If you are having a heart operation you will be taken to the operating room after having a “premed” to help relax you. If you are having a chest operation then you may not have a premed. Some drips are placed in the operating room. Your “premed” is topped up during this phase. The drips are inserted into a vein, artery and a special catheter is passed through the heart via a drip placed in the neck. It is unusual to remember any of these procedures. At this stage you are put into a state of unconsciousness for the duration of the operation. This is achieved and maintained by injecting drugs through a cannula placed into a vein, combined with a mixture of gases which you will breathe. if you are having a heart operation once you are asleep a special ultrasound probe is passed into the gullet. It provides additional information regarding heart function whilst you are asleep. Whilst you remain unaware of what is happening around you, I will be monitoring your condition closely and constantly adjusting the level of anaesthesia. Once the operation is completed, you will be transferred to the Intensive Care Unit the Recovery Room. This is where you will be observed closely until you have sufficiently recovered. You will have a special breathing tube in which will be removed when you are sufficiently awake and the heart and lung function are satisfactory.
What happens during my Anaesthetic ?
Common side effects
All operations hurt to some degree. However it can be managed. Most anaesthetics involve the administration of pain-killers during the procedure. In general a combination of medications is prescribed to manage the post operative pain. Most pain can be managed by strong pain killers taken orally. Pain after cardiac surgery is usually easily managed.
There are many reasons for feeling “sick”, nauseated or actually vomiting, including the type of operation, your pre-existing condition, use of pain-killers, and the drugs used during Anaesthesia. In general people having back, brain or heart operations this is unusual. Nausea and vomiting after cardiac surgery is unusual.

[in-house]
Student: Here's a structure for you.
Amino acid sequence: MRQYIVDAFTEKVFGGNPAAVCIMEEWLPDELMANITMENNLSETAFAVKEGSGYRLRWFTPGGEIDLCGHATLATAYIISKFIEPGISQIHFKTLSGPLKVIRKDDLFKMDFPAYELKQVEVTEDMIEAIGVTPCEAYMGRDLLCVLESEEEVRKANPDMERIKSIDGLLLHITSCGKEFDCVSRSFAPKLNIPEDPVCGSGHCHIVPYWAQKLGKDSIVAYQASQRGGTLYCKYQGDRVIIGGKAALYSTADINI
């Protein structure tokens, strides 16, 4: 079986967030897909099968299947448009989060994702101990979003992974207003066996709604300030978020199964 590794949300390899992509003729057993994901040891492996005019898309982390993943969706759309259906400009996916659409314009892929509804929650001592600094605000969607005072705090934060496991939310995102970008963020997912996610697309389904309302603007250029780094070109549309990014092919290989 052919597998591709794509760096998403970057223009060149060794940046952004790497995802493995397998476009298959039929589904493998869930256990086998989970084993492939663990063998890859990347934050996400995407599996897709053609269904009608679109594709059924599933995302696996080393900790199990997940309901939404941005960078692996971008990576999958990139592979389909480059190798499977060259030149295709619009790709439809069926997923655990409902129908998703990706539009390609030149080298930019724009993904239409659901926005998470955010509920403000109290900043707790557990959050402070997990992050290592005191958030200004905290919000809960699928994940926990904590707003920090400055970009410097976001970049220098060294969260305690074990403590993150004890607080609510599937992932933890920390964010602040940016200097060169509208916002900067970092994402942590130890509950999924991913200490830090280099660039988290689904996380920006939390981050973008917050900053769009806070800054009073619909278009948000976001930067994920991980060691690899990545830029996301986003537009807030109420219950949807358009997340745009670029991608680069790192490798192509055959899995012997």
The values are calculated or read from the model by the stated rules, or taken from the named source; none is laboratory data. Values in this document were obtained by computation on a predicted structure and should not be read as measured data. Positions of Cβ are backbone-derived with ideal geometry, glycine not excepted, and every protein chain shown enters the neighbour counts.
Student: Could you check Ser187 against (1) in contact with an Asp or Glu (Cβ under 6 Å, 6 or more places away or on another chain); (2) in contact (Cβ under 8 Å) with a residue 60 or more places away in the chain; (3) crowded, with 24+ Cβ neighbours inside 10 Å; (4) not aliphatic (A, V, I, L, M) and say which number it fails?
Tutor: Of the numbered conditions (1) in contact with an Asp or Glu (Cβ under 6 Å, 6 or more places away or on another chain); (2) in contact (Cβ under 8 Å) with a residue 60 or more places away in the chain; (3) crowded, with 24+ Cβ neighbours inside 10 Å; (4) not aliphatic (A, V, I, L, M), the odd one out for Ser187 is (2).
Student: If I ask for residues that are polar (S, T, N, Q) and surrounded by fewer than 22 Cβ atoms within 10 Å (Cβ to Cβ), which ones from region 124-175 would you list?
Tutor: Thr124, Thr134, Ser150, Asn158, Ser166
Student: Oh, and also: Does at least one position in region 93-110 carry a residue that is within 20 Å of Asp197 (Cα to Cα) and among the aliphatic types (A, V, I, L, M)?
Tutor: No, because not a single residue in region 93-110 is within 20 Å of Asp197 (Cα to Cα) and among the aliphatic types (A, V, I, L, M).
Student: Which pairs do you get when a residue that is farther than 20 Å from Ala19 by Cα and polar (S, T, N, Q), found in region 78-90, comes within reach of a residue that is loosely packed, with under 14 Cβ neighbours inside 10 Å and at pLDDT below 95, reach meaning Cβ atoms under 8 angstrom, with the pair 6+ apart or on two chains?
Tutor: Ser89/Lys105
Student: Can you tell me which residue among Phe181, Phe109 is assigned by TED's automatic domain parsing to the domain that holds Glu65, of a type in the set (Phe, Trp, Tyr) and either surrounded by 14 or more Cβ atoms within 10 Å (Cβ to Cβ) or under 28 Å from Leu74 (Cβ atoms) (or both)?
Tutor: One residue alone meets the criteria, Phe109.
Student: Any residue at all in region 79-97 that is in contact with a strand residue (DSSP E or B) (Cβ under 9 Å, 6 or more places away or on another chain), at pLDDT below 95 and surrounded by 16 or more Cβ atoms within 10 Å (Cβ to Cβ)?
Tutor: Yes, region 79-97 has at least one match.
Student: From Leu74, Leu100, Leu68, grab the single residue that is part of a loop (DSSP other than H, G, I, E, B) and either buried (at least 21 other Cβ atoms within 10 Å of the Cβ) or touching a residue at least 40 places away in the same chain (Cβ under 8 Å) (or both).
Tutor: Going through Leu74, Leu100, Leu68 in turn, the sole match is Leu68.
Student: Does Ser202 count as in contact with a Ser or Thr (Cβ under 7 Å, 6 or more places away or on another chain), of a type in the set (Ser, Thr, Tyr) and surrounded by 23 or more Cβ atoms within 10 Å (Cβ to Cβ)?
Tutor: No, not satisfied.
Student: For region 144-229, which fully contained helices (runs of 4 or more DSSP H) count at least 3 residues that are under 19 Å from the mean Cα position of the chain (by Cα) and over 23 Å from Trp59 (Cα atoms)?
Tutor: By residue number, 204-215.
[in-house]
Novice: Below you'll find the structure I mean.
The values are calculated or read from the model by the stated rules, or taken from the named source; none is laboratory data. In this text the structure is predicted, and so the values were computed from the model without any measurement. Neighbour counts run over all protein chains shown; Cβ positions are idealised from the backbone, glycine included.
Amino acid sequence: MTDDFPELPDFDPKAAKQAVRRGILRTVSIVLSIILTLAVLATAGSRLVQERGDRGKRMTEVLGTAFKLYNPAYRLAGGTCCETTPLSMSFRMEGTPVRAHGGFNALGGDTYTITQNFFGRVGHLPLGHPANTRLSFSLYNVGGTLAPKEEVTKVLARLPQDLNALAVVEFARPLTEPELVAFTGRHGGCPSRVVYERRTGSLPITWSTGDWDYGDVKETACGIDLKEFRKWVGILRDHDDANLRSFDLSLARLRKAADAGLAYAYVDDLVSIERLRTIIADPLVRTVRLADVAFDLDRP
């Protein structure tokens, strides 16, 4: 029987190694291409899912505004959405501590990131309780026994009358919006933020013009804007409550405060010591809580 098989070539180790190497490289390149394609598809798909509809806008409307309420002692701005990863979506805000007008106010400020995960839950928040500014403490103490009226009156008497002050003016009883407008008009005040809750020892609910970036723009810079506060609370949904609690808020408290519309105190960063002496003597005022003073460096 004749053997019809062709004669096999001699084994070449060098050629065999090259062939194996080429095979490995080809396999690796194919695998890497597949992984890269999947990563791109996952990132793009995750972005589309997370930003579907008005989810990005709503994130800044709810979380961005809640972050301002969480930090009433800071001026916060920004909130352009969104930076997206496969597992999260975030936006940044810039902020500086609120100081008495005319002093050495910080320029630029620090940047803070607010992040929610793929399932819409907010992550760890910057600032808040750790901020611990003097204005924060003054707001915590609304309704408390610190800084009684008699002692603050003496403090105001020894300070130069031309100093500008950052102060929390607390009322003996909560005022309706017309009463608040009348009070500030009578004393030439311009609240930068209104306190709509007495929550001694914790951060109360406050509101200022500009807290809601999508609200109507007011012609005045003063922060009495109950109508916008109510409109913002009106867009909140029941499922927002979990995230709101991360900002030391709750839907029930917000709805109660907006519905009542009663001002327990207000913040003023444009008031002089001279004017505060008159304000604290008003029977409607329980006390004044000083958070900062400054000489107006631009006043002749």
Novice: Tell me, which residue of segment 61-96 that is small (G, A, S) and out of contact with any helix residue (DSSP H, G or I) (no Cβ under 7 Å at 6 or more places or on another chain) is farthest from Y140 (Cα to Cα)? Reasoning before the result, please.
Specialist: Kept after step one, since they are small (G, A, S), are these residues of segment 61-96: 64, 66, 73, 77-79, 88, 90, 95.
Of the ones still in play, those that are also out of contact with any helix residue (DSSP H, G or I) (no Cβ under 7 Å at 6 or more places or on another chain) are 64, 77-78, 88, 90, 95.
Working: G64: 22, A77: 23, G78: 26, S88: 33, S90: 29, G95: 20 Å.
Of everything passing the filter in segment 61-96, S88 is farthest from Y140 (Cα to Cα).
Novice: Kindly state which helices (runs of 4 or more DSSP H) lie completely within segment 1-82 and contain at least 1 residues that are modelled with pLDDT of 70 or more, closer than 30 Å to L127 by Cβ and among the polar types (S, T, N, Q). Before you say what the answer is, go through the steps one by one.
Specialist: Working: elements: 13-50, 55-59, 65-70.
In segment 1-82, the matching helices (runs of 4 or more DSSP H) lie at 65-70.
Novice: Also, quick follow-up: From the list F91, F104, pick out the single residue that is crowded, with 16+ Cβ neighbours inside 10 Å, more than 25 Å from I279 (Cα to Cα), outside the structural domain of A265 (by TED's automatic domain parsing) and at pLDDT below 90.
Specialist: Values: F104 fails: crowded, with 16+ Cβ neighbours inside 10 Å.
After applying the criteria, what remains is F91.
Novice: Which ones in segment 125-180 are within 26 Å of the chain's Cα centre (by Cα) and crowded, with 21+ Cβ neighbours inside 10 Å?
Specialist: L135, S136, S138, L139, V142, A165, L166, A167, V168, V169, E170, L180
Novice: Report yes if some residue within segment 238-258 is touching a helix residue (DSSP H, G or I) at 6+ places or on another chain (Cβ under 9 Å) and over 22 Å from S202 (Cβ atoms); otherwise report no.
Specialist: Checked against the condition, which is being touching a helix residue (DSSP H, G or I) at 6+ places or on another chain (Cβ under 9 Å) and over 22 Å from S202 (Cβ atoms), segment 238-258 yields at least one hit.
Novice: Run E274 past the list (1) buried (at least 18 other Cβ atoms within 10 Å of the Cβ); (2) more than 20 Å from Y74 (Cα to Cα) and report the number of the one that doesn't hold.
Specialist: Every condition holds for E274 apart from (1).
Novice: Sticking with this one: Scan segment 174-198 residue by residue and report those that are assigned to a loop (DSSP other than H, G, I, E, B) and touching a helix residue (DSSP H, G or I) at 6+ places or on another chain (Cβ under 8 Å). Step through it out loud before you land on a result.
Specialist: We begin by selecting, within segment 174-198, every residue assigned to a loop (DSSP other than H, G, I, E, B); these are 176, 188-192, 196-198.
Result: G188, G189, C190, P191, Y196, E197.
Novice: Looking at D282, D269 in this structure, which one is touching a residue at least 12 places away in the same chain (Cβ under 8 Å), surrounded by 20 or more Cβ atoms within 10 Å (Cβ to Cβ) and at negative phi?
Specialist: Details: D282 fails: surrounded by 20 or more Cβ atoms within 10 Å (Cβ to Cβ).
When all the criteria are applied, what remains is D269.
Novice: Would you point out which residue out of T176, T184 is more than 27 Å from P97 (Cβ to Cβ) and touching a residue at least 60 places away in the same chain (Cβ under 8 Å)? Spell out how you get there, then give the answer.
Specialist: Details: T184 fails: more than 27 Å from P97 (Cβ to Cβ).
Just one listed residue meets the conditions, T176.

This can be due to a breathing tube or ultrasound probe that has been inserted into your throat during the anaesthetic. At least 95% of patients having a general anaesthetic have some type of breathing tube inserted. You may occasionally be aware of this tube. It does not mean anything has gone wrong during the operation. This is removed in the intensive care unit after the operation. Rarely the insertion of this breathing tube can lead to damage to your teeth, especially if you have caps, crowns or bridgework.
It is relatively common to need a blood transfusion when having cardiac surgery. It is probably in the order of 30 to 50%. If you do need a blood transfusion, be assured that the Australian Red Cross blood is currently safer than it has ever been and probably the safest blood in the world. New tests to detect viruses in blood have reduced the risk of viral transmission to a very low level. During the 2-year period from July 2000 through June 2002 the risk of transmitting HIV was 1 in 4 million, Hepatitis C 1 in 3 million and Hepatitis B 1 in 900,000 per unit of blood transfused.
Other minor problems that can occur include itching, bruising, or soreness at the site of the injection; rashes either due to adhesive tapes or some medications; dry mouth/temporary breathing problems; sore neck, sore/dry eyes; and some discomfort of the arms, legs, or back (that can be due to positioning for the operation). You may also feel cold and shivery.
Rare side effects
There are rare serious problems that can occur, which may or may not be due to the anaesthesia. These include severe allergic reactions, heart attacks, major blood loss (which may require transfusion), blood clots & pulmonary embolism, stroke, severe asthmatic attacks and other cardio-respiratory problems). The special drips which are placed are invasive and have risks but they are small. The ultrasound probe which is inserted has a complication rate of about 0.2% (1 in 500). These may be minor complications like a hoarse voice through or a serious problem like a tear in the gullet.
Patients are often worried about waking up DURING their anaesthetic. Although this is possible, it is extremely uncommon with modern anaesthesia and if you are at higher risk of this complication, it will be discussed with you at the preoperative visit. Overall, the risk of one of these major problems occurring is remote. If you wish to know more about these problems, please do not hesitate to ask.